RE: [xsl] [OT] Can XML elements contain text as well as other elements?

Subject: RE: [xsl] [OT] Can XML elements contain text as well as other elements?
From: Wendell Piez <wapiez@xxxxxxxxxxxxxxxx>
Date: Wed, 21 May 2003 11:21:17 -0400
At 10:47 AM 5/21/2003, Mike wrote:
> This is a bit OT, but I am thinking of ways to reduce the
> depth of an XML doc, to reduce the amount of templates in my xsl doc.

Unless you have layers of elements that are completely redundant, this
could be counter-productive. Certainly, mixed content (elements and text
as siblings) can be quite hard to process if you want to do anything
non-trivial with it.

I agree with Mike that the general aim may be misconceived -- I too have seen mixed content used by neophyte designers in places where it causes trouble, but confers no benefit (as have all long-time readers of this list).

The best (only?) use case for mixed content is in truly documentary applications -- inline tagging to represent inline phenomena (like HTML <code>, <i>, what have you). It isn't generally a technique for reducing tagging overhead. On the contrary, when the data elements aren't actually "mixed" (that is, when they are intended to be pulled apart and used separately, not always together), they always benefit from proper labeling and wrapping.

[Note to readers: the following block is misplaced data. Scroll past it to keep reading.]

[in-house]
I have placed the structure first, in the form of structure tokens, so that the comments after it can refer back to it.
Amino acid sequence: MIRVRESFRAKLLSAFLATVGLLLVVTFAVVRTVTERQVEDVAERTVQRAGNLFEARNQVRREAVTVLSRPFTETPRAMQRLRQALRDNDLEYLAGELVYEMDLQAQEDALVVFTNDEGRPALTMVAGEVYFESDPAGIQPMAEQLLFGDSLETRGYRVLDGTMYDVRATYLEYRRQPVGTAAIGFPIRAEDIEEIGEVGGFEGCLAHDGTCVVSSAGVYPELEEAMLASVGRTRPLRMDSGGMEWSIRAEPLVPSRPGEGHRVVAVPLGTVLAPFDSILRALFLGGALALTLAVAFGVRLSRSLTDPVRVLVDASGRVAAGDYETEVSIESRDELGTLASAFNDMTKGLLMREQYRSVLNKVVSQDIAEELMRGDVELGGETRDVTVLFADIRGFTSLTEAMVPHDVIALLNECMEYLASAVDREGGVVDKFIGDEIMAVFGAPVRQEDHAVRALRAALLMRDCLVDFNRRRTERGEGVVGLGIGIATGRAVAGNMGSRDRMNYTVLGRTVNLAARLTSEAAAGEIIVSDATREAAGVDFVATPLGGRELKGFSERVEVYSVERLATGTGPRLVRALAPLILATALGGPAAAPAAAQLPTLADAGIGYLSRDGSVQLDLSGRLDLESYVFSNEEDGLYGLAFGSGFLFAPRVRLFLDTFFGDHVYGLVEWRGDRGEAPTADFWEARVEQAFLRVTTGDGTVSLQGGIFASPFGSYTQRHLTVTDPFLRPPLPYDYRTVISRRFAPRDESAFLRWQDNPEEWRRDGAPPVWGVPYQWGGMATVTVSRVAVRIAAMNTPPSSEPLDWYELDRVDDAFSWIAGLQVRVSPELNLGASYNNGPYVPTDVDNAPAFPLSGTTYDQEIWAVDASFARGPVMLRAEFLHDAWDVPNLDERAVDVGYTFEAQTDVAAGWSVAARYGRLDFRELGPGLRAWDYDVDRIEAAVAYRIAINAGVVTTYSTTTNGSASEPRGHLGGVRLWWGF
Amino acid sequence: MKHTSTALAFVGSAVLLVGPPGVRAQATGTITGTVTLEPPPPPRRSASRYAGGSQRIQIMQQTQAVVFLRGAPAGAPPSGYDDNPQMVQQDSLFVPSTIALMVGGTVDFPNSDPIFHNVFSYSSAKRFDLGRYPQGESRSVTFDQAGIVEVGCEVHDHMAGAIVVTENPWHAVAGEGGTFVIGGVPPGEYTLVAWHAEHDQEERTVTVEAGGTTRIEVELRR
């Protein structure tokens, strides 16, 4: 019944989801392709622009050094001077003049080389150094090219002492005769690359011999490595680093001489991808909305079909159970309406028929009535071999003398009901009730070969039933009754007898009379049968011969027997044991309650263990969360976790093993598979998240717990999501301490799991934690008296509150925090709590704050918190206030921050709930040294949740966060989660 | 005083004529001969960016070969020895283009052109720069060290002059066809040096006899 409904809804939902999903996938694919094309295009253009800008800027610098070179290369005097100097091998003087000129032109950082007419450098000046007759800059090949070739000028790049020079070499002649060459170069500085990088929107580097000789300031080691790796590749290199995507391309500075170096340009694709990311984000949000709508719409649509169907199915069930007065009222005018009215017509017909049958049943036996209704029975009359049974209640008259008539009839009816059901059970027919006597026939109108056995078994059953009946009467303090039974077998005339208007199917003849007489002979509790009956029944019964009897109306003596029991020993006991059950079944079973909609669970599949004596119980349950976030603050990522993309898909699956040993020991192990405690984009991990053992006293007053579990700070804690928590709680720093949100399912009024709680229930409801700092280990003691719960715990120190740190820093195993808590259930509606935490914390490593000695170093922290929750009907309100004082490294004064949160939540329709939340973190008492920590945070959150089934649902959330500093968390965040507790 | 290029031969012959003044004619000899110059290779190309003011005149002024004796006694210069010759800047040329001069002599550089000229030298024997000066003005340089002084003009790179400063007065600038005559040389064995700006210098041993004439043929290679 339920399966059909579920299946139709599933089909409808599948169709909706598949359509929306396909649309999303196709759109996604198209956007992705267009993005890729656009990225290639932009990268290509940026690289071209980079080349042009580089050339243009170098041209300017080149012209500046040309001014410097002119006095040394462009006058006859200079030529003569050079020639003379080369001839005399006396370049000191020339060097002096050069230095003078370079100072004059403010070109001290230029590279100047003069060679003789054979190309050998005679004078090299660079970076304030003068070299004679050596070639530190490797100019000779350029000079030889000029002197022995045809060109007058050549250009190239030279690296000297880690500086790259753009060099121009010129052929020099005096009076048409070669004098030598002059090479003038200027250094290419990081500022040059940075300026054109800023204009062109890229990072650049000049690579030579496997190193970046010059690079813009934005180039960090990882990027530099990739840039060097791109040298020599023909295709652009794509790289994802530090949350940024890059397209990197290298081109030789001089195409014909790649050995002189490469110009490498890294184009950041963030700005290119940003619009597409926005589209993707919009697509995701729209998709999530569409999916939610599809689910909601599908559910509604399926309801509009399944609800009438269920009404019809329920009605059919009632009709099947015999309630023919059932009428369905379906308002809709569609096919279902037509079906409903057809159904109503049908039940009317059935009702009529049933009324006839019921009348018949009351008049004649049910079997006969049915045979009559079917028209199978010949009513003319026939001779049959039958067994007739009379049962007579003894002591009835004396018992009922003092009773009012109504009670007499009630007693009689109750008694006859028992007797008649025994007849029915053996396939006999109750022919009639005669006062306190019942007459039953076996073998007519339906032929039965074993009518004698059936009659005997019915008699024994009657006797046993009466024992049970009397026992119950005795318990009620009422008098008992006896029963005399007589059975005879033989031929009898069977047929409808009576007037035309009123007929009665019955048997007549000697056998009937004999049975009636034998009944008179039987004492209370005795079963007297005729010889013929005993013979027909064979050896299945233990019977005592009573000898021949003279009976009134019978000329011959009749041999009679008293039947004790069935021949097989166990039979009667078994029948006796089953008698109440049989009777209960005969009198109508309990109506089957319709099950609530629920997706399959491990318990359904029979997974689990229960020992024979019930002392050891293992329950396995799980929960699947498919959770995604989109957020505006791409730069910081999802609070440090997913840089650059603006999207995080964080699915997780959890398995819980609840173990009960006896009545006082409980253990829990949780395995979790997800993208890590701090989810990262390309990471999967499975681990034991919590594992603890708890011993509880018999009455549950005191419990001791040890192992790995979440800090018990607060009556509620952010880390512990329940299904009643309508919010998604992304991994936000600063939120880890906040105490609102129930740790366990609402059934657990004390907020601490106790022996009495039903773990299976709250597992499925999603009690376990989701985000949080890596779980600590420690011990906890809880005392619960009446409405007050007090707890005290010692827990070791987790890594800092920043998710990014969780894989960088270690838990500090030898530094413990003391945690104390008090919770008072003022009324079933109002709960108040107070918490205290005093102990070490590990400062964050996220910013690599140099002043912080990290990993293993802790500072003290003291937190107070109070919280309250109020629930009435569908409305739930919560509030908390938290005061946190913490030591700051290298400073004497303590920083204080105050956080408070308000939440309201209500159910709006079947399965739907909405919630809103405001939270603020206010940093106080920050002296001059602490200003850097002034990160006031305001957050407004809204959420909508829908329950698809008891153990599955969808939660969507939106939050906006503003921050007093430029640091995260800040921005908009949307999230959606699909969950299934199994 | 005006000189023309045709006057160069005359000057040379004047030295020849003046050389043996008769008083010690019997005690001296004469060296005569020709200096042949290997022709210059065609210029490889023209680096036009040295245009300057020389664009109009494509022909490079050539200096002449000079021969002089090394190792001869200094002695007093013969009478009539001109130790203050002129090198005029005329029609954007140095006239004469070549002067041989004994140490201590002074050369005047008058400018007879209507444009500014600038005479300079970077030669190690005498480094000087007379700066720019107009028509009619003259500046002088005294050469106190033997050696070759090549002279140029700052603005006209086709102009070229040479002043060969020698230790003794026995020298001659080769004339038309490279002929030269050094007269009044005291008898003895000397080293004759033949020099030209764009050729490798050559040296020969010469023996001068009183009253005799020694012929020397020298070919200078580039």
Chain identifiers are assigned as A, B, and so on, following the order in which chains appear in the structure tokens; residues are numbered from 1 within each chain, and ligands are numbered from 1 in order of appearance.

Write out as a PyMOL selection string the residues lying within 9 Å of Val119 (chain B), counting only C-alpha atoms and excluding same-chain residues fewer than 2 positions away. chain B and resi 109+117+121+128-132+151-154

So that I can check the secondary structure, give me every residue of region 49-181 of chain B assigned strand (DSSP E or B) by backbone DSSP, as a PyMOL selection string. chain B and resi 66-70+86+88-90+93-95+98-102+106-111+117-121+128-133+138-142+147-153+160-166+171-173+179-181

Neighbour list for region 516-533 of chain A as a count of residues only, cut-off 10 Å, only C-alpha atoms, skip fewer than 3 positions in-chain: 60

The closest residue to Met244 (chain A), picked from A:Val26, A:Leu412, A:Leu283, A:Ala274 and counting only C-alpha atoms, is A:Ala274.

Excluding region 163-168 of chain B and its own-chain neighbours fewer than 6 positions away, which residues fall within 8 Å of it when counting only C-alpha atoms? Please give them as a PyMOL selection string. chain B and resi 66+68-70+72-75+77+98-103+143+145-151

This isn't to discourage, it's just to alert that it's a deeper question than it may at first appear to be.

Reducing the number of templates in a stylesheet isn't an optimization I've ever seen pay off -- the cost elsewhere in the system (complexity of processing required; trouble to other users) can be more than it's worth. (And many of the nicest stylesheets have lots of itty-bitty, simple templates.)

As Mike says, of course, "completely redundant" tagging is a different question.

To declare mixed content in W3C schema, just say "mixed='yes'" on the element declaration....


    "Thus I make my own use of the telegraph, without consulting
     the directors, like the sparrows, which I perceive use it
     extensively for a perch." -- Thoreau

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